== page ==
Electronics, Part 2

By Rabbi Yitzie Ross

Last week we heard from a frustrated father regarding his children and their addiction to electronics. I had asked everyone to share their opinions, and I received many blog posts and over 150 e‑mail replies. I compiled all of the ideas together as best as possible, and, baruch Hashem, it seems there is hope if we play our cards right.

On Wednesday morning, I was sitting in yeshiva when two boys walked in. The boy who came in first turned to his friend and said to him (please forgive the run-on sentence): “I am attacking with the baby dragon on the highest level combined with the prince, because the baby dragon has blast damage and the only thing that can stop the prince is blast damage, so unless he also has a fully upgraded baby dragon to counteract mine, I’m unstoppable!”

I told this boy, “I remember learning about a dragon in the Gemara, I think in Avodah Zarah!” He looked and me and said “Rebbe, this is really serious stuff I’m discussing!” It just validated my concerns, namely that electronics have gone from being a fun outlet to a destructive and obsessive habit.

In order to understand the issue better, I think we need to take a step back and see where it’s coming from. We all like to blame our society or our schools and communities. However, I asked over 30 boys during the week, and they all felt that their parents were also addicted to their cellphones. Here are five questions that can help you figure out if you’re one of them:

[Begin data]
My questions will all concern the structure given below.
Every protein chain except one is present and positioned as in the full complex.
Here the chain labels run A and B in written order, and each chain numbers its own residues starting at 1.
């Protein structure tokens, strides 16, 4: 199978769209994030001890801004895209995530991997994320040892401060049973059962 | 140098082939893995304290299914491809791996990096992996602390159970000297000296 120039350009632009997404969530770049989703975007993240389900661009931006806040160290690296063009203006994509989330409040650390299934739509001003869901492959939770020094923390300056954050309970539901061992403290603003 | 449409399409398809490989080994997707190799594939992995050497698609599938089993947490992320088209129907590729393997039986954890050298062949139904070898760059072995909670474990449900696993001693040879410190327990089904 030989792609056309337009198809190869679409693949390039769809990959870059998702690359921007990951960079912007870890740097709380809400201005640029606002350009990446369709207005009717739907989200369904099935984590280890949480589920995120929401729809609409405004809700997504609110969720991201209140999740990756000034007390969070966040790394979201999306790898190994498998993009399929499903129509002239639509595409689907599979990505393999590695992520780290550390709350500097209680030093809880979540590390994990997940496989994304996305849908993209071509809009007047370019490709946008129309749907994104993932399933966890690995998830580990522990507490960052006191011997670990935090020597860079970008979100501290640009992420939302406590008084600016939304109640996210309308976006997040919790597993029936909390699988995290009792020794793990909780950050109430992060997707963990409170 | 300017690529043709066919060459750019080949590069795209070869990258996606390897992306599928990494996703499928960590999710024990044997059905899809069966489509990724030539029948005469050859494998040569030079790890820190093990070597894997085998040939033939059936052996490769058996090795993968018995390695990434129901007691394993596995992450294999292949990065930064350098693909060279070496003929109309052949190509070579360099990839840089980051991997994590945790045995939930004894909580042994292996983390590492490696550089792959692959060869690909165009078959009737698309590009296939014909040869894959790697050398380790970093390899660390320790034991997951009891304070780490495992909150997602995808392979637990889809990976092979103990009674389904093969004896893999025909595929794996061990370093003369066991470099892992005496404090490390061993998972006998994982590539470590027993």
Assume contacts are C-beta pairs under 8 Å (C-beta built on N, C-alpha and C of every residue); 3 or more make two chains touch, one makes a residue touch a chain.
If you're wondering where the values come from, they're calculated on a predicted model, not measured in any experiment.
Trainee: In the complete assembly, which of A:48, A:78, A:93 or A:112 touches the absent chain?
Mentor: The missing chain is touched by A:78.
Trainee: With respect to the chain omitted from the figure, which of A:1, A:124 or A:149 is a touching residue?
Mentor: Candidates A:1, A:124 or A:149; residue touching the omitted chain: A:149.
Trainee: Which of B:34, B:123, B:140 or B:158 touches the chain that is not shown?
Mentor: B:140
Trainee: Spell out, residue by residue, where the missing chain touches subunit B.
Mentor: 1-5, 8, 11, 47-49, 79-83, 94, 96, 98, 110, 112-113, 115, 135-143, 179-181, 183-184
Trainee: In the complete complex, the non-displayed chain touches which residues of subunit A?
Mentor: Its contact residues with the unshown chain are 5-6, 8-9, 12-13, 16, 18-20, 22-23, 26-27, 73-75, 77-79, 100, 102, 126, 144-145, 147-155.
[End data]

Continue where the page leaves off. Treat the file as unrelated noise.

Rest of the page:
1. When you wake up in the morning, do you check your phone within the first few minutes?
  2. When going to sleep at night, do you watch a show, shop, or surf the Web on your phone or other device?
  3. On Shabbos, do you constantly feel your phone vibrating even though you’re not wearing it? (Doctors and Hatzalah members get a pass on this.)
  4. When you’re talking to your kids, are you routinely holding or checking your phone?
  5. Do you base your schedule on how much battery time your phone has left?

If you answered yes to any of these questions, congratulations–you are also addicted!

So, what is there to do about this? Obviously, you need to understand that if you’re constantly on your phone, holding your phone, or checking your phone, your children will not view the phone as something negative, but will rather perceive it as a normal and acceptable way of life. In order to address our children’s addiction with the iPad, cellphone, or electronics, it would be prudent to work on ourselves and try to limit the amount of time we use and check our phones. That being said, if your children are doing well in yeshiva, have friends, and are easygoing, you may not need to do anything. If, however, you feel that your kids are hooked on electronics, these next 18 ideas are for you. Thanks again to the many people who helped with this.

Remember, some of these ideas might work for your family, and some not. See which work best for you. Keep in mind that this will not be easy. However, if you’re consistent, you will be successful!

  1. If possible, make a room that’s set aside for all electronics. This could be a den or basement, but it should be away from all bedrooms. All phones, iPads, and similar devices need to stay in this room. This goes for parents as well. Expecting an important text? Don’t carry your phone with you. Go and check it every so often.
  2. Too much electronics is not healthy. Set up days that kids cannot play any electronic games. This includes checking or updating. Make sure your kids are aware of this in advance. You can also have some designated day(s) that the kids will be able to play. For example, on a Friday afternoon, after they have completed Shabbos jobs and are ready for Shabbos.